When I was in undergraduate psychology, I found an ad for an Applied Behavioural Analysis (ABA) therapist for young children and infants with autism. A criteria was a desire to play and be enthusiastic with children. As a naive university student desperately searching for paid work experience, I thought I had snagged a gold ticket. Sure, I could almost pass as an expert at playing! I must have racked up hours of experience just playing as a kid!??! I got this.
Throughout the years in different therapist roles and treatment approaches, I’ve appreciated different aspects about the value and challenges of play. Those early years as an ABA Therapist, then as Parent Child Interaction therapist (PCIT), playing with children during therapy sessions, observing mums and dads play and playing with my own children.
1. Play with your child is important but is not always fun. When you are attempting stealth manoeuvres of juggling multiple demands of housework, infant on one hip, and recovering from yet another LEGO inflicted mine trap injury... Invitations from your toddler to pretend play “tea party” (again!??) doesn’t seem so appealing. It’s a lot messier than I remember as a kid, now being at the tail end of the cleaning... play doh off the couch, play doh on clothes, play doh in my hair. Looking for even small moments of enjoyment with your child through the mess, is a start.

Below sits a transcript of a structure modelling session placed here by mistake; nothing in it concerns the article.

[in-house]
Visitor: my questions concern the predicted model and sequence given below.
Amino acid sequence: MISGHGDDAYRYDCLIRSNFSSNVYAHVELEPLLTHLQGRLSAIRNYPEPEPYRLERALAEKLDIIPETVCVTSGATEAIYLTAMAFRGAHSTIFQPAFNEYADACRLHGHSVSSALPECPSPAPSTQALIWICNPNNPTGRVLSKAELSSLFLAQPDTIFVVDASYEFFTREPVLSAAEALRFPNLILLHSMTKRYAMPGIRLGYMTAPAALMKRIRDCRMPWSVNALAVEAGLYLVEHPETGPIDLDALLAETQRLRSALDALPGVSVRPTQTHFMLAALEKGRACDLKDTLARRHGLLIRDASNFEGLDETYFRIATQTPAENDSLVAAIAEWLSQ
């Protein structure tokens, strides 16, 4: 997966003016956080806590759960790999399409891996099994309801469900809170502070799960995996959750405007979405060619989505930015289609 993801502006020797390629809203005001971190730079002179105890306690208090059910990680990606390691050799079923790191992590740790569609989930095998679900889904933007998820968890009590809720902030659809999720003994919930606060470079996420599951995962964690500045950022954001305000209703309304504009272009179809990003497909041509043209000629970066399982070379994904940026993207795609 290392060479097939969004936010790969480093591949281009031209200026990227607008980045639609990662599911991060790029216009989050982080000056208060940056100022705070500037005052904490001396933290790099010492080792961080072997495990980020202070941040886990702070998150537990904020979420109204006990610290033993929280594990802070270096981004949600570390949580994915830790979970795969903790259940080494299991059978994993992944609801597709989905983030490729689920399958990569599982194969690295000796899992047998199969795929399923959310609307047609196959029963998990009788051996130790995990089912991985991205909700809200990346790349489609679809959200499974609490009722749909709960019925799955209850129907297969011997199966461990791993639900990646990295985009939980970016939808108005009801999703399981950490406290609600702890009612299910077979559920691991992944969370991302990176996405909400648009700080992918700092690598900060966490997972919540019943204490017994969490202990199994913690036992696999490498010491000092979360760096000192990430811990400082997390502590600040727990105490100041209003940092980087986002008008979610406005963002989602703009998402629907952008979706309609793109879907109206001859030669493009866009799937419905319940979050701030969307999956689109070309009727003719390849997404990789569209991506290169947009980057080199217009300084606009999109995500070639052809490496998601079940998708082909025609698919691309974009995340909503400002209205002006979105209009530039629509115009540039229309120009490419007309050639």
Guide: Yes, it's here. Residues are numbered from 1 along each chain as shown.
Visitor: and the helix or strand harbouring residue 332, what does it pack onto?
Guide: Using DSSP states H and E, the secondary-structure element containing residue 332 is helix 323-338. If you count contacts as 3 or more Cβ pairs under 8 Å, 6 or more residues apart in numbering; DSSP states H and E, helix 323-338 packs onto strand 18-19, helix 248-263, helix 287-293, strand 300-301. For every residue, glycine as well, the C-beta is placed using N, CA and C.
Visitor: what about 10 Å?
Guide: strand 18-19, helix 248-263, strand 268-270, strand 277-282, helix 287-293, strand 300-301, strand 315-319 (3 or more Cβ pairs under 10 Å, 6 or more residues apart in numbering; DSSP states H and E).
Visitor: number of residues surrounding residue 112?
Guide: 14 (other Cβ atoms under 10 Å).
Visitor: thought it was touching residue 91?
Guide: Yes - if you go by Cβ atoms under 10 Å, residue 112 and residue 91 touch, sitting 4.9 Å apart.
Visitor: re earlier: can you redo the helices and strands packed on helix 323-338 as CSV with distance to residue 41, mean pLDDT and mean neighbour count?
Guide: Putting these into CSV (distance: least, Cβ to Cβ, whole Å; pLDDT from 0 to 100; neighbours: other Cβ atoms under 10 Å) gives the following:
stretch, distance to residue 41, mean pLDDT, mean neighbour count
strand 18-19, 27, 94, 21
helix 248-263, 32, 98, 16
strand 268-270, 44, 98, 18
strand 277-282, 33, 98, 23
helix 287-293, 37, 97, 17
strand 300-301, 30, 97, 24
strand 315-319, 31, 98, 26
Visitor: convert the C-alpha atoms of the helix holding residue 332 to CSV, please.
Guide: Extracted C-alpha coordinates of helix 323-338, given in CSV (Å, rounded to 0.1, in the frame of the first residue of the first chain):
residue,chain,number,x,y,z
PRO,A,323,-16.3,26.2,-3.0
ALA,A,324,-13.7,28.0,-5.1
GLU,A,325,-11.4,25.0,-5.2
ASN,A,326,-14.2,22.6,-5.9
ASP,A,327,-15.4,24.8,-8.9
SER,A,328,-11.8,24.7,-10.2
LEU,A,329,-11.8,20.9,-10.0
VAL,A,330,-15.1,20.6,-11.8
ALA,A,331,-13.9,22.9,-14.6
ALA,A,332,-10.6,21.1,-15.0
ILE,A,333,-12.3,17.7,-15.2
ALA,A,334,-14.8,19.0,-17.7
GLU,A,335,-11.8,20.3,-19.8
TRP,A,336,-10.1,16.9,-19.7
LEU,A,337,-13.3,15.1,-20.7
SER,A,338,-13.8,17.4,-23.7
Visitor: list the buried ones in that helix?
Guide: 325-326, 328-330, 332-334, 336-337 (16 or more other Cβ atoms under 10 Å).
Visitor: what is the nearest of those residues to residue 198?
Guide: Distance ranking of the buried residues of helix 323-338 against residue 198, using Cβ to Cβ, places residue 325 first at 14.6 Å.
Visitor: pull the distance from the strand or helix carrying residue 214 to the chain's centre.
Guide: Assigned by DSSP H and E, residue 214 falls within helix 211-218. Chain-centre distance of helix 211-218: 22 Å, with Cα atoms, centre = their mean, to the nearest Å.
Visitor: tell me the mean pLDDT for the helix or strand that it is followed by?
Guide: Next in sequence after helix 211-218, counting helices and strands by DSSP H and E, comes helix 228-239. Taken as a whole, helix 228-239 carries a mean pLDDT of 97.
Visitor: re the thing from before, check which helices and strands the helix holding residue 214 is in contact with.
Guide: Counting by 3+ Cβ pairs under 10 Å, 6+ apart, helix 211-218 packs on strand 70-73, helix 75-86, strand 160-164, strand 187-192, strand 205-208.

2. It is one of the best strategies for connecting with children, teens and adults. Children usually don’t have the sophisticated vocabulary sometimes expected from talking therapy. For those who have experienced trauma, it also feels safer to re enact or express tough experience through play therapy. Some adults have benefited from Sand play when used as an intervention for building trust and connection in therapy.
3. There is a skill in playing and it can come from experience. I have learnt to play skill fully using PCIT tools by describing what I see, praising effectively and intentionally, using imitation to engage and reflecting children’s speech to help them develop language. We can nurture children’s development by improving how we play with them.
4. Play is a booster in building that secure attachment between parents and children. It is effective when used as a foundation for repair and healing from complex traumas in childhood. Some children and adults have not had much experience of play in their childhood. When children experience regular, consistent, positive and safe experiences of play, they began to rebuild trust. This can be achieved from even 5-10 minutes of play each day.